Inspect the floor curb, if applicable. The curb width should match or exceed the width of the glass block units, and the curb should be fully wrapped in 15-lb. roofing paper or other waterproof covering. The most common curb construction is two or three stacked pieces of 2-by-4 or 2-by-6 framing lumber.
Prepare a small quantity of glass block mortar according to the manufacturer's specifications. It's handy to keep a small bucket of clean water close by to clean tools and rinse rags.
Spread a continuous layer of mortar over the entire length of the floor curb or wall length, approximately 1/2- to 3/4-inch thick and as wide as the center frosted portion of the glass blocks.
Start the first horizontal row, or "course," of glass blocks at the wall end of the floor curb. Spread a layer of mortar on the vertical side of the first glass block next to the wall surface and set the block in place.
Insert a block clip on the top leading corner of the first glass block. Block clips are inserted between each glass block as a uniform spacing device between blocks in a course and between courses. The plastic legs of the block clips can be broken off to adapt the clips to the ends of the courses or special circumstances.
Spread a layer of mortar on the vertical side of the next glass block to be installed, then set the block in place beside the previous glass block and tight against the block clip.
Insert a block clip on the top leading corner of the installed glass block and repeat steps 4 and 5 to complete the glass blocks in the first course. If you're using a manufactured end trim, be certain to keep the vertical end face of the glass blocks free of mortar.
Check the first course blocks for level, plumb, plus tight and consistent joint spacing. Adjust the blocks if necessary.
Bend an approximately 4-inch end section of metal anchor strap 90 degrees to create an "L" shape.
Position the longest arm of the metal strap on the top surface of the first course of glass blocks with the bent angle against the adjacent wall surface. Attach the metal strap to the wall with three 8D box nails. Repeat this strap-and-wall connection at every third course, to the top of the glass block wall.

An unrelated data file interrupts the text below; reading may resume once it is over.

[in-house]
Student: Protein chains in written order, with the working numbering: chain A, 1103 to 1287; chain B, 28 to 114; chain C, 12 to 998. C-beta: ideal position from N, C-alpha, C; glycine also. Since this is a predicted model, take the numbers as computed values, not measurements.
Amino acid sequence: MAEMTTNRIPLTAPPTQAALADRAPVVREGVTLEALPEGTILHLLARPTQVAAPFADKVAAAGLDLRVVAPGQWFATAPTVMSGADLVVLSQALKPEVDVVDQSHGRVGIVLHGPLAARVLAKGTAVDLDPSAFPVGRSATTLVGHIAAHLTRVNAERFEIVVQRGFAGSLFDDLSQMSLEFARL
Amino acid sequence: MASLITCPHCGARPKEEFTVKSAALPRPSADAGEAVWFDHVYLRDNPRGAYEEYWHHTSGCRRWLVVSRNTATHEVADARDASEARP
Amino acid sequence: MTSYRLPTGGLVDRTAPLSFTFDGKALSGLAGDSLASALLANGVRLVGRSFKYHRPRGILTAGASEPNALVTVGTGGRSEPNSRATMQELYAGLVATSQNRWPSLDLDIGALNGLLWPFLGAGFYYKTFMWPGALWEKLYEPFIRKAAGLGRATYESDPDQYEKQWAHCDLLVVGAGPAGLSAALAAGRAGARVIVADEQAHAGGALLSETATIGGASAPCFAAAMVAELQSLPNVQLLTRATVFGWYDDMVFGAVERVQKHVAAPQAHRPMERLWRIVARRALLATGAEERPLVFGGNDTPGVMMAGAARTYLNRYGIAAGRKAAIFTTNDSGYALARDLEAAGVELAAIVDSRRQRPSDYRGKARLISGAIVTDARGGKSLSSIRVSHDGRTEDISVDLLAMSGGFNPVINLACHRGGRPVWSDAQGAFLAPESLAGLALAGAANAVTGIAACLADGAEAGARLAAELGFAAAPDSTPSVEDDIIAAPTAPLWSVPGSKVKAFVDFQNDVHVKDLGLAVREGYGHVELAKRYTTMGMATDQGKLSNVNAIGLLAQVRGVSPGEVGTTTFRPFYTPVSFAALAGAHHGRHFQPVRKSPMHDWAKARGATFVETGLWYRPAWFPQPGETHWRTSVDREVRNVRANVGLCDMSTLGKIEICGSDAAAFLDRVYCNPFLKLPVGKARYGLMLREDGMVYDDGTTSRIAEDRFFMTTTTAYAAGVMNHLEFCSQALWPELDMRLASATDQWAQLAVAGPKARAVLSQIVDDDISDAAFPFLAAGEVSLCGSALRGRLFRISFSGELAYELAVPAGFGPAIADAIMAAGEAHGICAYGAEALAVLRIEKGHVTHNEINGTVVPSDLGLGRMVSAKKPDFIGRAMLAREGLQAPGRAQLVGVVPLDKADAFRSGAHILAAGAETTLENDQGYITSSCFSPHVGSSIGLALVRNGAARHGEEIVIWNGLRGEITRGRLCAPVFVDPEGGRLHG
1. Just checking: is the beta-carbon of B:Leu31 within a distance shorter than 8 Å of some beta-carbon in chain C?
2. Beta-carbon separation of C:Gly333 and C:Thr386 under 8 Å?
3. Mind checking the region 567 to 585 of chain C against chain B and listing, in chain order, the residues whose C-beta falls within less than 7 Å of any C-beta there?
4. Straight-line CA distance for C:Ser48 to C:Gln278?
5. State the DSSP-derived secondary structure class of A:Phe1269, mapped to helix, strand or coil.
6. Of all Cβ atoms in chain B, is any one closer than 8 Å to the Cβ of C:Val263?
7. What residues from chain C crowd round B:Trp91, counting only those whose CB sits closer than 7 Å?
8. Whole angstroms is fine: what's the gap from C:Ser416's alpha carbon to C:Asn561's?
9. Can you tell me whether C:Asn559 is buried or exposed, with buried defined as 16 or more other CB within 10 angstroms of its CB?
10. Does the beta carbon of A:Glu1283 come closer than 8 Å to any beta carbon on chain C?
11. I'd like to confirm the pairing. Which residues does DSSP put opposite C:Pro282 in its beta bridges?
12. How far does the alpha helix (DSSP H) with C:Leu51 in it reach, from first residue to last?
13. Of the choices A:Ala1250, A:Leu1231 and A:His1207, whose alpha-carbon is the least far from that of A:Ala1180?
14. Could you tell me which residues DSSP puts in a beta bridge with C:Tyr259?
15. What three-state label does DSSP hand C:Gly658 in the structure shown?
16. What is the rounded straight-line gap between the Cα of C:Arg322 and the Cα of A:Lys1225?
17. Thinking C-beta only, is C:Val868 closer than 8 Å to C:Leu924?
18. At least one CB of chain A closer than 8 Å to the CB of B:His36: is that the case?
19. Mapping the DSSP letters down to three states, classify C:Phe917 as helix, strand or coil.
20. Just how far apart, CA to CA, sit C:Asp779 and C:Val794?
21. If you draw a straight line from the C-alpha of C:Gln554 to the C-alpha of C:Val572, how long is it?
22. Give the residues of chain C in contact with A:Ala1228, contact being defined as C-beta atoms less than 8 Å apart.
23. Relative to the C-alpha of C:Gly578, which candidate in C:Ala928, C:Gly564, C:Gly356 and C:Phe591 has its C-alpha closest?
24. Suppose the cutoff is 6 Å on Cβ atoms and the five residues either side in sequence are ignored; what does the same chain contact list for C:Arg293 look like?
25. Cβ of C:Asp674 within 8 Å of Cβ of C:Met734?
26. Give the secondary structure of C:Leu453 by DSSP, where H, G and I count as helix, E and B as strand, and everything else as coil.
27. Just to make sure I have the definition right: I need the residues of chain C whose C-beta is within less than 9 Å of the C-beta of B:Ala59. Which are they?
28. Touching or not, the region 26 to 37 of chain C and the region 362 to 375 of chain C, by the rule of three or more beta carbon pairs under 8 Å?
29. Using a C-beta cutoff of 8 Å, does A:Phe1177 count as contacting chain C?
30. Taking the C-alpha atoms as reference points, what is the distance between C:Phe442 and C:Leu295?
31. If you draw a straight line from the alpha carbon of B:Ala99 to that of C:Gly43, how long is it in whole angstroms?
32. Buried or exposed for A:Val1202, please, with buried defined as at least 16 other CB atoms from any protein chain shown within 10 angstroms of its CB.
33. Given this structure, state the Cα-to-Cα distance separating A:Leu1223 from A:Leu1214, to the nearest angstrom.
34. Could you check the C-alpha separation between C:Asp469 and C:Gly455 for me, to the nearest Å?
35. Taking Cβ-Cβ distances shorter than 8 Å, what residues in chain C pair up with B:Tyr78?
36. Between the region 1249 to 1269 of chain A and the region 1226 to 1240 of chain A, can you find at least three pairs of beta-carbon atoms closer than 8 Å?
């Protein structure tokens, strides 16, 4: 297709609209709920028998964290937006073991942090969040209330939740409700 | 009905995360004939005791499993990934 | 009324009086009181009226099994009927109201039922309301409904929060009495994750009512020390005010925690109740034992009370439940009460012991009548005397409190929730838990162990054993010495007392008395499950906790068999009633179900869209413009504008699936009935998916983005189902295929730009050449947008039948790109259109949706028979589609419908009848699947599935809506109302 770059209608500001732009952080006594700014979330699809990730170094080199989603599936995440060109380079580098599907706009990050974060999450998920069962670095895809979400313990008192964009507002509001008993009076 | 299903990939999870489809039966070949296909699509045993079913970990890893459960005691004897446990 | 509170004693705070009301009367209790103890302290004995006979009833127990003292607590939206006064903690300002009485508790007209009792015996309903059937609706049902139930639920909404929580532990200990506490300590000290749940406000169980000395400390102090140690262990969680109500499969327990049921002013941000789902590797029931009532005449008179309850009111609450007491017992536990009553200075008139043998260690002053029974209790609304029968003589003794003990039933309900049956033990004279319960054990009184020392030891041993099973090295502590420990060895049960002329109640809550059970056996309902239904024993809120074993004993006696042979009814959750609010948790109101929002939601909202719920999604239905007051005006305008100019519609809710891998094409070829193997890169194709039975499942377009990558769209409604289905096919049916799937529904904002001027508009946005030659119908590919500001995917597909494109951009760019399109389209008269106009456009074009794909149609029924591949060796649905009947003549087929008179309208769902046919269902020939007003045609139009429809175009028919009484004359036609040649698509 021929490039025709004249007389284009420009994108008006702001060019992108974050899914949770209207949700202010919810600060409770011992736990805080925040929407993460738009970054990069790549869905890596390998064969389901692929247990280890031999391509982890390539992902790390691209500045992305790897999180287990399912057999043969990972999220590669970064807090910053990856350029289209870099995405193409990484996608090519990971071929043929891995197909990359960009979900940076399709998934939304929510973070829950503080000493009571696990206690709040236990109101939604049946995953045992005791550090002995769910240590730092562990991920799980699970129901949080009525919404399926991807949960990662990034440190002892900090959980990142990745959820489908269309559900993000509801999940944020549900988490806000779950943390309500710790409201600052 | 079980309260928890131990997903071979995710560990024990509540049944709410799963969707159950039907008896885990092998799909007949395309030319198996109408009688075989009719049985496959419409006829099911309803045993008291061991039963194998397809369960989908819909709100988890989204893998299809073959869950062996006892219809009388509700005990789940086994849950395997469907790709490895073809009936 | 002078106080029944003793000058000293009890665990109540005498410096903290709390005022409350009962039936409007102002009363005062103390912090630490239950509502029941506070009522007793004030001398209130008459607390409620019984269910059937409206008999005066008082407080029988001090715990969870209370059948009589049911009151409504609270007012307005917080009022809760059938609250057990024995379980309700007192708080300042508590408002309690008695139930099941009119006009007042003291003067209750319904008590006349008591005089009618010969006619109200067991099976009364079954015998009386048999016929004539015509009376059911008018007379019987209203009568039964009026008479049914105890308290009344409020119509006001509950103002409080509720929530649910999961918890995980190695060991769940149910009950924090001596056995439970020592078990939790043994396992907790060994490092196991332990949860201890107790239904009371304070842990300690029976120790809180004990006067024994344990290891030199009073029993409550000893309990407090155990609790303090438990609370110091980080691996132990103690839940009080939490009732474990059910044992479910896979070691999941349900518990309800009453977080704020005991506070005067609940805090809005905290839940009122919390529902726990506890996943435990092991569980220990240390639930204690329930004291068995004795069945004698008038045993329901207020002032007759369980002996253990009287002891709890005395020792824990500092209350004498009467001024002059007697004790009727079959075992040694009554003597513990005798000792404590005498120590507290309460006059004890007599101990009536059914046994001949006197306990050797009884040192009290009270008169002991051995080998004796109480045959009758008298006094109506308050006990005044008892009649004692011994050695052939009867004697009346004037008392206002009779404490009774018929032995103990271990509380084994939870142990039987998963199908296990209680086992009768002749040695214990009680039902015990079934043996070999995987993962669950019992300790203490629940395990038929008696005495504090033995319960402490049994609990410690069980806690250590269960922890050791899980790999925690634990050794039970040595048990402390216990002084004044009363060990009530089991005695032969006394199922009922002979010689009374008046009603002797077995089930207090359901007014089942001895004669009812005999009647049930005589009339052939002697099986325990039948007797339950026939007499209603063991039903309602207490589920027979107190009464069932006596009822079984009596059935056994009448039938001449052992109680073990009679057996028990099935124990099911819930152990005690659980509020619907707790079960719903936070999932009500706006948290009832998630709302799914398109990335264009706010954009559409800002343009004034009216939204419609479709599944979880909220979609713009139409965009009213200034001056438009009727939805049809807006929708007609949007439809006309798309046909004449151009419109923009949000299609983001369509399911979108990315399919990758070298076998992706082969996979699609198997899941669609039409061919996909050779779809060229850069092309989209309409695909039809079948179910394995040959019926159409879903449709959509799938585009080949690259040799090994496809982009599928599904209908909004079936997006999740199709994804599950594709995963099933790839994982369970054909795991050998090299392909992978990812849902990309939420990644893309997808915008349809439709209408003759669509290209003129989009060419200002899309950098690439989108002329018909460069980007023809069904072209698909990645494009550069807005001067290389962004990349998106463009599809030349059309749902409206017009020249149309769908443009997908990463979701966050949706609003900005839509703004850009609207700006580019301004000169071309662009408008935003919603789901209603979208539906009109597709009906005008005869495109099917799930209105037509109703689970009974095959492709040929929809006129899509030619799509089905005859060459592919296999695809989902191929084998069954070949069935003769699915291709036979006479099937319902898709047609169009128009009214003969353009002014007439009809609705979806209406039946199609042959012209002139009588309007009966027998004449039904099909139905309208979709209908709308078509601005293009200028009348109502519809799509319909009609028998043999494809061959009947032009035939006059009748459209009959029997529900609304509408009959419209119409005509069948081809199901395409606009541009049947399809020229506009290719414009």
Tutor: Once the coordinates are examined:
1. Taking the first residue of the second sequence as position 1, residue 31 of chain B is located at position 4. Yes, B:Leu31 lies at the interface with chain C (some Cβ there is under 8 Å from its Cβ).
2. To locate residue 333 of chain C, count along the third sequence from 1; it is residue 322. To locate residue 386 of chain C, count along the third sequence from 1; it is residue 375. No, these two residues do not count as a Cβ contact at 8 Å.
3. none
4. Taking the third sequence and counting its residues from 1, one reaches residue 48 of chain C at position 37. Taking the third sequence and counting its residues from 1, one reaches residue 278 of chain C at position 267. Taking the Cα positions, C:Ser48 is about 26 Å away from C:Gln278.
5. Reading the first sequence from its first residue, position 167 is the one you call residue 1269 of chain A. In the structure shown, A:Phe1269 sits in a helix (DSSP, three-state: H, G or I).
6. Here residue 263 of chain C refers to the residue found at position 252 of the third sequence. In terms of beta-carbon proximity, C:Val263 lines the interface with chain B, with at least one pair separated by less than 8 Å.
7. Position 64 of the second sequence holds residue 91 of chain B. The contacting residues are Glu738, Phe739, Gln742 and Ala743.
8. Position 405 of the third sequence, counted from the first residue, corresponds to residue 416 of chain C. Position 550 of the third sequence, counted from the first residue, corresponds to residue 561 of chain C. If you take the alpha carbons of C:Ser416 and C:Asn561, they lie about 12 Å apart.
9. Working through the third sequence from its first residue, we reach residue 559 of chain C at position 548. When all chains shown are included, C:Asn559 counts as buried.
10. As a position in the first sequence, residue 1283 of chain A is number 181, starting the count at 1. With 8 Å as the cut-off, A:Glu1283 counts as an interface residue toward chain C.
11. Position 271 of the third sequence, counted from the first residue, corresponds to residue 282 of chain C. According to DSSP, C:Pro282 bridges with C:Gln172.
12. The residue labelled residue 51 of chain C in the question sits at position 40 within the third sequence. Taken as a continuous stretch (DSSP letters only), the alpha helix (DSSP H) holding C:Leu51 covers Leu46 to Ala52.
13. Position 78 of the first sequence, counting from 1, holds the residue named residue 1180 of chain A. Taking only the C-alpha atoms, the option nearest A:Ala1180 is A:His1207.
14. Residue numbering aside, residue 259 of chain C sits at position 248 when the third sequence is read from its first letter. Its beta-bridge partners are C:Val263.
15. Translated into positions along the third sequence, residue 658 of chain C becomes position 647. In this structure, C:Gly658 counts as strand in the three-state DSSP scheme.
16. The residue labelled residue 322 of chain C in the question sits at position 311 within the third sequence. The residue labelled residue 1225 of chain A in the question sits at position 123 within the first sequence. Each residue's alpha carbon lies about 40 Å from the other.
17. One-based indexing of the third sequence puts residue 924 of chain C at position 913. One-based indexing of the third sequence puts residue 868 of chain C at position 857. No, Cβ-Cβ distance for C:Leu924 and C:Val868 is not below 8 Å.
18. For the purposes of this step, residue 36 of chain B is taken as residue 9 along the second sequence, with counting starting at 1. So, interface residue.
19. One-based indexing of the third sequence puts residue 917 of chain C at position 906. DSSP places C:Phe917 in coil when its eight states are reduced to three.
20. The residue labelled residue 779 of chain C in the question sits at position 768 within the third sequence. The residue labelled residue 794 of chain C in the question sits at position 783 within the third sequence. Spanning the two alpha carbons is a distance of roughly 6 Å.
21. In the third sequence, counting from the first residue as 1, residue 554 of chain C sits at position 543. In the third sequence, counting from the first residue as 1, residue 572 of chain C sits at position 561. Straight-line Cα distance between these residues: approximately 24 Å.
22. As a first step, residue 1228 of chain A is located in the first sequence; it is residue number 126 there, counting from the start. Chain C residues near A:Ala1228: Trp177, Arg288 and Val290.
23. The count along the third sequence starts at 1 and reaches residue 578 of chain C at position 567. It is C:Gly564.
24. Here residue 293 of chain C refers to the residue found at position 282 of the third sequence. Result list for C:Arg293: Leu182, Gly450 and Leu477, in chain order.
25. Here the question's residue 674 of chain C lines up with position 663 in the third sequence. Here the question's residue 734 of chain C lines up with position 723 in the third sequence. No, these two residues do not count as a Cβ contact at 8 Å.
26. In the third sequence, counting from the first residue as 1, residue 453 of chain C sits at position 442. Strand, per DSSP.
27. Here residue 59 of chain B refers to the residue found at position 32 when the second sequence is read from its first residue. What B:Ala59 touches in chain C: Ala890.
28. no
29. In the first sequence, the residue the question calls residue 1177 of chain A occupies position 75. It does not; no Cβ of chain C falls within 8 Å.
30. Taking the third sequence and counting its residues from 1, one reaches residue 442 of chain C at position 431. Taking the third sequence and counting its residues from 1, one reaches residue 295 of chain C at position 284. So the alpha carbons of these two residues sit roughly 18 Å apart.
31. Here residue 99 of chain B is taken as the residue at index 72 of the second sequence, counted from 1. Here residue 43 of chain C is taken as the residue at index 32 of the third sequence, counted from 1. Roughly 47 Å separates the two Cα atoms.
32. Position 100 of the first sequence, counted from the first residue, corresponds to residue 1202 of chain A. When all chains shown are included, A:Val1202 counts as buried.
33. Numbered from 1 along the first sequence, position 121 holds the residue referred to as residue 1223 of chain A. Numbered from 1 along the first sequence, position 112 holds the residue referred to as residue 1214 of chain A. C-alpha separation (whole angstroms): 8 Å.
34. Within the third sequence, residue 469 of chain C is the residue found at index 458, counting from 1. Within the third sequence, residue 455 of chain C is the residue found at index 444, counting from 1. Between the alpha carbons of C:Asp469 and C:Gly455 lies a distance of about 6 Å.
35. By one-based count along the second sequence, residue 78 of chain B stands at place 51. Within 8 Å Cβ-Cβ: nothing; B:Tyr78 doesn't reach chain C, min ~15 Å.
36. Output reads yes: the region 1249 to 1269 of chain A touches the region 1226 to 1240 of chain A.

Spread a continuous layer of mortar over the top of the previous course of glass blocks, including the anchor strap, approximately 1/2- to 3/4-inch thick and covering the space between the block clip's vertical alignment pegs.
Lay a strip of reinforcing bars, called "ladders," into the layer of mortar, end to end, to roughly 1 inch from the end of the wall.
Continue to lay or install the subsequent courses of glass blocks, repeating steps 6 through 12, as applicable, to complete the glass block wall. Check the plane of the wall as you build it, using a builder's level, to keep the individual glass blocks fully aligned and evenly mortared over the frosted area between the blocks.
Remove the mortar that has squeezed into the grout space between the glass blocks, using a pointer or small stick of wood to clear the grout space. Use a damp sponge and bucket of warm water to clean the mortar from the glass block grout surfaces.
Complete a final check of the wall plane for alignment. Use a rubber mallet to tap the glass blocks where adjustment is necessary. The curing mortar and block clips work together to strengthen the wall structure and hold its alignment.
Allow the completed wall structure to cure for a minimum of 48 hours before grouting the glass block joints.
Mix a quantity of glass block grout and apply it according to the manufacturer's specifications. Use a grout trowel to pack the grout into the joints, then a damp sponge to smooth and blend the finished surface between the glass blocks.
Follow the manufacturer's recommended curing time for the completed wall before exposing the wall to weight, such as a shower door frame, or the moisture of a steamy shower.
Things You Will Need
- Tape measure
- Reinforcing bars
- Block clips (spacers)
- Rubber mallet
- Glass block mortar
- Small masonry trowel
- Metal anchor strapping
- 8D sinker or box nails
- Clean cloth rags
- Buying or borrowing a few samples of the glass blocks in sizes you're considering helps greatly in designing the shape and defining the dimensions of your glass block shower wall.
- Lightweight, prefabricated glass block wall panels are also available in a range of standardized sizes that can offer a much less complex installation, possibly for less expense. Check with your local home improvement store or glass block supplier to explore this possibility for your application.